Walter Piston Jr. (1894-1976) was recognized in his lifetime as the ultimate musical craftsman, producing a body of orchestral and chamber work distinguished by its quintessential neo-classic qualities of clarity and proportion. He first trained as an engineer at the Mechanical Arts High School in Boston, but was artistically inclined. After graduating in 1912, he enrolled in the Massachusetts Normal Art School, where he completed a four-year program in fine art in 1916. During the 1910s, Piston made a living playing piano and violin in dance bands and later playing violin in orchestras led by Georges Longy. He joined the US Navy during World War I as a band musician where he taught himself to play most wind instruments.
Piston was admitted to Harvard College in 1920, where he studied counterpoint with Archibald Davison, canon and fugue with Clifford Heilman, advanced harmony with Edward Ballantine, and composition and music history with Edward Burlingame Hill. He often worked as an assistant for various music professors there and conducted the student orchestra. Piston later taught at Harvard from 1926 to 1960 and wrote three significant music textbooks: Harmony (1941), Counterpoint (1947), and Orchestration (1955). Among Piston's many noted students were Elliott Carter, Leonard Bernstein, and Arthur Berger.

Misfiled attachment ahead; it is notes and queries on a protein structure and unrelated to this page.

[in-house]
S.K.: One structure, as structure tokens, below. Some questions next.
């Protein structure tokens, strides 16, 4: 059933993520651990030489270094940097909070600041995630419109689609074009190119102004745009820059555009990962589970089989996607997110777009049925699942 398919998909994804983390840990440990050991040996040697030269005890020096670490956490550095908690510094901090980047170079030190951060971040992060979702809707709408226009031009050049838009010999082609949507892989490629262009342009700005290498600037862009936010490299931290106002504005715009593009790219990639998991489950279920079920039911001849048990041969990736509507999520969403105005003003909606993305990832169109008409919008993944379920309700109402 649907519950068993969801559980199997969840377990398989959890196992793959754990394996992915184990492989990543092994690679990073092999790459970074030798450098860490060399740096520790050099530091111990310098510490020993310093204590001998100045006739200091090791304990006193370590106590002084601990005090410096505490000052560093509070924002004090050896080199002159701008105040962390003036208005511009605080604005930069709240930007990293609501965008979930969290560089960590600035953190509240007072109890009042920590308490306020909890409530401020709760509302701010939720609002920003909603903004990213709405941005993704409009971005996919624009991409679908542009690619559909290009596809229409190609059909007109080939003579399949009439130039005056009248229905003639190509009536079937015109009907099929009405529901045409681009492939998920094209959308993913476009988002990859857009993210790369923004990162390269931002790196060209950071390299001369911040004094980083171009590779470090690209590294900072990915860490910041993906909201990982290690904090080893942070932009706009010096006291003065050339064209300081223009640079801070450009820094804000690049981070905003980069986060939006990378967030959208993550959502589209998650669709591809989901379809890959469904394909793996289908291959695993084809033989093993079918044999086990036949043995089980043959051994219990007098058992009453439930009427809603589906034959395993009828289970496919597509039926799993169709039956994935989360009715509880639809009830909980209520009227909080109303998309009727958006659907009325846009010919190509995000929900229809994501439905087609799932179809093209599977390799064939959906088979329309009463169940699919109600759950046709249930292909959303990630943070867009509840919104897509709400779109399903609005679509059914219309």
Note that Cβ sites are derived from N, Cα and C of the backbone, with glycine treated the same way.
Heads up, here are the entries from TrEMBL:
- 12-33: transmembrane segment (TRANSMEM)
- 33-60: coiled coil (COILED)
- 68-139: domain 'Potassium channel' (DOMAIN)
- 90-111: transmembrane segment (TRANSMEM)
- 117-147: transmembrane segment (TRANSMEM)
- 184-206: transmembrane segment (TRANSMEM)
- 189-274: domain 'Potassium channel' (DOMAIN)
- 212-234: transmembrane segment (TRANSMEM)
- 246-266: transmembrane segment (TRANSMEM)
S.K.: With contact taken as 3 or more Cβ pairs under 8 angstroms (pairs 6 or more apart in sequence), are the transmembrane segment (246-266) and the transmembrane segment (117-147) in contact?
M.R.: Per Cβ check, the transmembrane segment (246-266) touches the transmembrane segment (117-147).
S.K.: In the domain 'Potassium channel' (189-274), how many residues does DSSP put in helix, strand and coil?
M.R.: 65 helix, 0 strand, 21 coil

Among Piston's many awards and honors were three New York Music Critic's Circle Awards for his Symphony No. 2, Viola Concerto, and String Quartet No. 5, two Pulitzers, and eight honorary doctorates. He was elected to the American Institute and Academy of Arts and Letters and the American Academy of Arts and Sciences. A recent series of recordings has precipitated a revival of interest in Piston's work.
Photo courtesy of Harvard News Office